Long Time Behavior and Singularity Formation in PDEs: Part V

Monday, May 30, 2024

1.15 pm: Opening remarks by Sehamuddin Galadari, Senior Vice Provost of Research; Managing  Director, Research Institute; Professor of Biology, New York University, Abu Dhabi 

1.20 - 2.20 pm: Sylvia Serfaty — Mean-field limits for singular flows 

  • Abstract: We discuss the derivation of PDEs as limits as N tends to infinity of the dynamics of N  points for a certain class of Riesz-type singular pair interactions. The method is based on  studying the time evolution of a certain "modulated energy" and on proving a functional  inequality relating certain "commutators" to the modulated energy. When additive noise is  added, in dimension at least 3 a uniform in time convergence can even be obtained. Based on  joint works with Hung Nguyen, Matthew Rosenzweig. 

2.30 – 3.30 pm: Michele Coti Zelati — Exponential mixing for random flows 

  • Abstract: We consider random dynamical systems driven by noise that is absolutely continuous  with respect to the Lebesgue measure, and exhibit sufficient conditions that imply exponential  mixing. As a corollary, we show that the so-called Pierrehumbert model, consisting of  alternating shear flows with randomized phases, is exponentially mixing. 

5.30 – 6.30 pm: Avraham Soffer — The Asymptotic States of Nonlinear Dispersive Equations with Large Initial Data and  General Interactions 

  • Abstract: I will describe a new approach to scattering theory, which allows the analysis of  interaction terms which are linear and space-time dependent, and nonlinear terms as well. This  is based on deriving (exterior) propagation estimates for such equations, which micro-localize  the asymptotic states as time goes to infinity. In particular, the free part of the solution  concentrates on the propagation set (x=vt), and the localized leftover is characterized in the  phase-space as well. The NLS with radial data in three dimensions is considered, and it is shown  that besides the free asymptotic wave, in general, the localized part is smooth, and is localized  in the region where |x|^2 is less than t. Furthermore, the localized part has a massive core and  possibly a halo which may be a self-similar solution. This work is joint with Baoping Liu. This is then followed by new results on the non-radial case and Klein-Gordon equations (Joint works  with Xiaoxu Wu).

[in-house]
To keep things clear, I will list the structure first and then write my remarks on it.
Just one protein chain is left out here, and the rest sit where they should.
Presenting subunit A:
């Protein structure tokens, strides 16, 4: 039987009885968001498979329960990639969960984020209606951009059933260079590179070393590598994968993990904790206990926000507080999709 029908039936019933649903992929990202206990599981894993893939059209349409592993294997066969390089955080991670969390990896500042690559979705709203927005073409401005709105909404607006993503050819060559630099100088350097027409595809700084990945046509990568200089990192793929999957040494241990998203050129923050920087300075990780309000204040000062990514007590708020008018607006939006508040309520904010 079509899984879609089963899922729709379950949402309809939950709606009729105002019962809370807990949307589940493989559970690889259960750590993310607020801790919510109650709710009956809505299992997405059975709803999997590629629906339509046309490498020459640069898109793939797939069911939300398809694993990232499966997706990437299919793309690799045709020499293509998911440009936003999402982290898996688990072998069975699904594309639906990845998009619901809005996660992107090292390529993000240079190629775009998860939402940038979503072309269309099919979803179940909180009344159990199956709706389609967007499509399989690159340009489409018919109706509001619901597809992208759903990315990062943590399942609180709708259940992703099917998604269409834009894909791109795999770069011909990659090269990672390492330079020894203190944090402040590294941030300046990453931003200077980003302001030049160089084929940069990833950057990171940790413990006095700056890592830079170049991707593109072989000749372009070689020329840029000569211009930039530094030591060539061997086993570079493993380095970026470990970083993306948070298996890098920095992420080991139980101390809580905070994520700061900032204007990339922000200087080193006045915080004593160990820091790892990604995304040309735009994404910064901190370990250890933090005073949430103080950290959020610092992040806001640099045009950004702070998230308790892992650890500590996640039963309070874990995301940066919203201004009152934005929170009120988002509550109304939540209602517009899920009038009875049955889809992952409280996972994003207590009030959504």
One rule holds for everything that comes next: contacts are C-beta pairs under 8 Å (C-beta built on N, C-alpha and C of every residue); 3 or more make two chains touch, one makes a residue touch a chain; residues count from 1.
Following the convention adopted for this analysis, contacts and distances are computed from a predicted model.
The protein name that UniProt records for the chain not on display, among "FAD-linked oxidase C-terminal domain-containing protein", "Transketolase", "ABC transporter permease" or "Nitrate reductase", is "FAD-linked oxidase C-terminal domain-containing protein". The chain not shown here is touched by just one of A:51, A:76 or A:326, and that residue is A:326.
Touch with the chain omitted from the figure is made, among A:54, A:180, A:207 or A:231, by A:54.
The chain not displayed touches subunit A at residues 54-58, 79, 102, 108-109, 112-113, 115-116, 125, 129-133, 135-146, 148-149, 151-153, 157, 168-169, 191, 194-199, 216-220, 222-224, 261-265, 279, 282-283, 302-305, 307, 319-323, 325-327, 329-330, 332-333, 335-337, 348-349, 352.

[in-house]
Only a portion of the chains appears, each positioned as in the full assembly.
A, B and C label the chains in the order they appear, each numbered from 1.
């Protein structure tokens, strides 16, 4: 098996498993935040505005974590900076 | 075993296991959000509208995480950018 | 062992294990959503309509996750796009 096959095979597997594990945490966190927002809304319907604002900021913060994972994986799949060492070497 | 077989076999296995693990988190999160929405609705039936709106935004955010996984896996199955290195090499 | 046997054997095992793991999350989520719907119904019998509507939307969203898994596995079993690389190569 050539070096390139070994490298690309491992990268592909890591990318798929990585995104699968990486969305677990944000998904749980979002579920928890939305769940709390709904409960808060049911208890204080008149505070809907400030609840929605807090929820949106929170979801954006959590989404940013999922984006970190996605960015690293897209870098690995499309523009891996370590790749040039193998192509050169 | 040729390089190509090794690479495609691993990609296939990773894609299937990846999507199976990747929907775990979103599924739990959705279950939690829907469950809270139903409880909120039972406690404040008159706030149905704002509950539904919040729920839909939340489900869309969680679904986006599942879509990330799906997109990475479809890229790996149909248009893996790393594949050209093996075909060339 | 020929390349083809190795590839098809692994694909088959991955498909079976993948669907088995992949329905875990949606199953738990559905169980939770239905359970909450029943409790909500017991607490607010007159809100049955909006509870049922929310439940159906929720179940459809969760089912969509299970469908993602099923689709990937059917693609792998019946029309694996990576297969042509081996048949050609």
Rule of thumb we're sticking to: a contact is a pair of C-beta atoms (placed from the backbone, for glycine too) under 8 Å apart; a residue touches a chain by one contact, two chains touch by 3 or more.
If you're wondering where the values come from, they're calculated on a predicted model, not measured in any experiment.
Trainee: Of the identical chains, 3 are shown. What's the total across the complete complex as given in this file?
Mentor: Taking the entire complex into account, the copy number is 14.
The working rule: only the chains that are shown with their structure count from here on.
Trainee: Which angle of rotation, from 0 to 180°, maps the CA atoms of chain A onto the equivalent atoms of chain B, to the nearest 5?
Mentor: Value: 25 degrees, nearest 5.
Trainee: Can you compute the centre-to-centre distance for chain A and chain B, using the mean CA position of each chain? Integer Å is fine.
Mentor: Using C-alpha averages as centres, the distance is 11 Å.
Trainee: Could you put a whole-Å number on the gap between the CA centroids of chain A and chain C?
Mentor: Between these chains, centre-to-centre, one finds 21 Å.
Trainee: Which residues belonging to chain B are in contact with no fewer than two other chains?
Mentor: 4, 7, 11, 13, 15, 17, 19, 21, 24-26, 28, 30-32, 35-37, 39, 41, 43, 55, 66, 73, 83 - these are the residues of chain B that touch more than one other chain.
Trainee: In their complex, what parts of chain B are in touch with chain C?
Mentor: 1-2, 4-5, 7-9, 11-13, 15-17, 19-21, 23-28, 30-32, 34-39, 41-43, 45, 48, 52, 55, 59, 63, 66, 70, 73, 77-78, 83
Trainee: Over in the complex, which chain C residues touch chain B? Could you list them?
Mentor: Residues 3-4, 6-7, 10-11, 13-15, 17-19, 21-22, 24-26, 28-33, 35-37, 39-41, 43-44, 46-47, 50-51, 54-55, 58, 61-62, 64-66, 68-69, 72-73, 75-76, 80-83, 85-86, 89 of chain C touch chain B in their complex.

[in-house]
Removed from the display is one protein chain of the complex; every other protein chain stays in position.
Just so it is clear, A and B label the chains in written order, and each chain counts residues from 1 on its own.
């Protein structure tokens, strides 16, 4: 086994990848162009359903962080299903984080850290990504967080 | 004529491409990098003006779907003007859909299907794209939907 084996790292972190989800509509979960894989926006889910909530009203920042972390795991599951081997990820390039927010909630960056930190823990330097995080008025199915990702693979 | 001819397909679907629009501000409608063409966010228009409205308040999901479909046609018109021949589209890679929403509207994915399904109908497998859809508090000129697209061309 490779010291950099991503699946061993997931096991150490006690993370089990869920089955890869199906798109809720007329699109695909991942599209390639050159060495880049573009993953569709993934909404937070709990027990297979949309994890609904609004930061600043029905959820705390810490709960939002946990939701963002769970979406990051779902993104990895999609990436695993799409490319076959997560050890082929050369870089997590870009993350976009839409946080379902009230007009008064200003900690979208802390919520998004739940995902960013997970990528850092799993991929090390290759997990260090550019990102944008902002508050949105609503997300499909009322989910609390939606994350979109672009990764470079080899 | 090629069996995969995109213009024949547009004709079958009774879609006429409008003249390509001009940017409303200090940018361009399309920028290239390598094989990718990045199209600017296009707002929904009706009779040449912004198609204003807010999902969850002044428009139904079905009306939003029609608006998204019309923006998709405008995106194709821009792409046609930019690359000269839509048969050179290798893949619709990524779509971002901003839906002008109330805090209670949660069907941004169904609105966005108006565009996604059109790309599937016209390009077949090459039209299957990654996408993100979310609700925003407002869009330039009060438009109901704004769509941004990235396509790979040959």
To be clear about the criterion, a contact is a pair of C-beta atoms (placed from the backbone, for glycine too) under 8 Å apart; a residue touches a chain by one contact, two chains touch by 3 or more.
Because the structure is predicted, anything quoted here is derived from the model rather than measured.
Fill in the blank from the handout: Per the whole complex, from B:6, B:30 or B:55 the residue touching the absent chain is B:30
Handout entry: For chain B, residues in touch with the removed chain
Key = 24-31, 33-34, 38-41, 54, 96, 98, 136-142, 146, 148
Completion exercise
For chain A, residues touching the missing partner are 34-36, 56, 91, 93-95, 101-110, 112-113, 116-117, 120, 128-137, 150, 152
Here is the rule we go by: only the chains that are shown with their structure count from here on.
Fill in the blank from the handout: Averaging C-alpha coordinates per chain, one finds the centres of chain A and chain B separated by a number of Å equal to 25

Tuesday, May 31

1.15 – 2.15 pm: Matthew R. I. Schrecker — Self-similar gravitational collapse for Newtonian stars 

  • Abstract: The Euler-Poisson equations give the classical model of a self-gravitating star under  Newtonian gravity. It is widely expected that, in certain regimes, initially smooth initial data may  give rise to blow-up solutions, corresponding to the collapse of a star under its own gravity. In  this talk, I will present recent work with Yan Guo, Mahir Hadzic and Juhi Jang that demonstrates  the existence of smooth, radially symmetric, self-similar blow-up solutions for this problem. At  the heart of the analysis is the presence of a sonic point, a singularity in the self-similar model  that poses serious analytical challenges in the search for a smooth solution. 

2.30 – 3.30 pm: Gregory Seregin — Long time behaviour and local regularity for solutions to the Navier-Stokes equations

  • Abstract: We shall discuss the problem of local regularity for solutions to the Navier-Stokes  equations under certain scale-invariant conditions. Using zooming and duality, we reduce it to  the problem of long time behaviour of a certain Stokes equations with a drift. This is in part a  joint work with M. Schonbek. 

5.30– 6.30 pm: Zhiyuan Zhang — Stability of solitary waves of the NLS equation 

  • Abstract: We consider the asymptotic stability of the solitary waves of 1D NLS equations, under  the assumption that the linearized operator is generic (no endpoint resonance) and has no  internal modes. Moreover, we also consider the 1D nonlinear Klein-Gordon equation with a  potential, and give a result on small data existence. The method of analysis is based on the  distorted Fourier transform. This is joint work with P. Germain and F. Pusateri.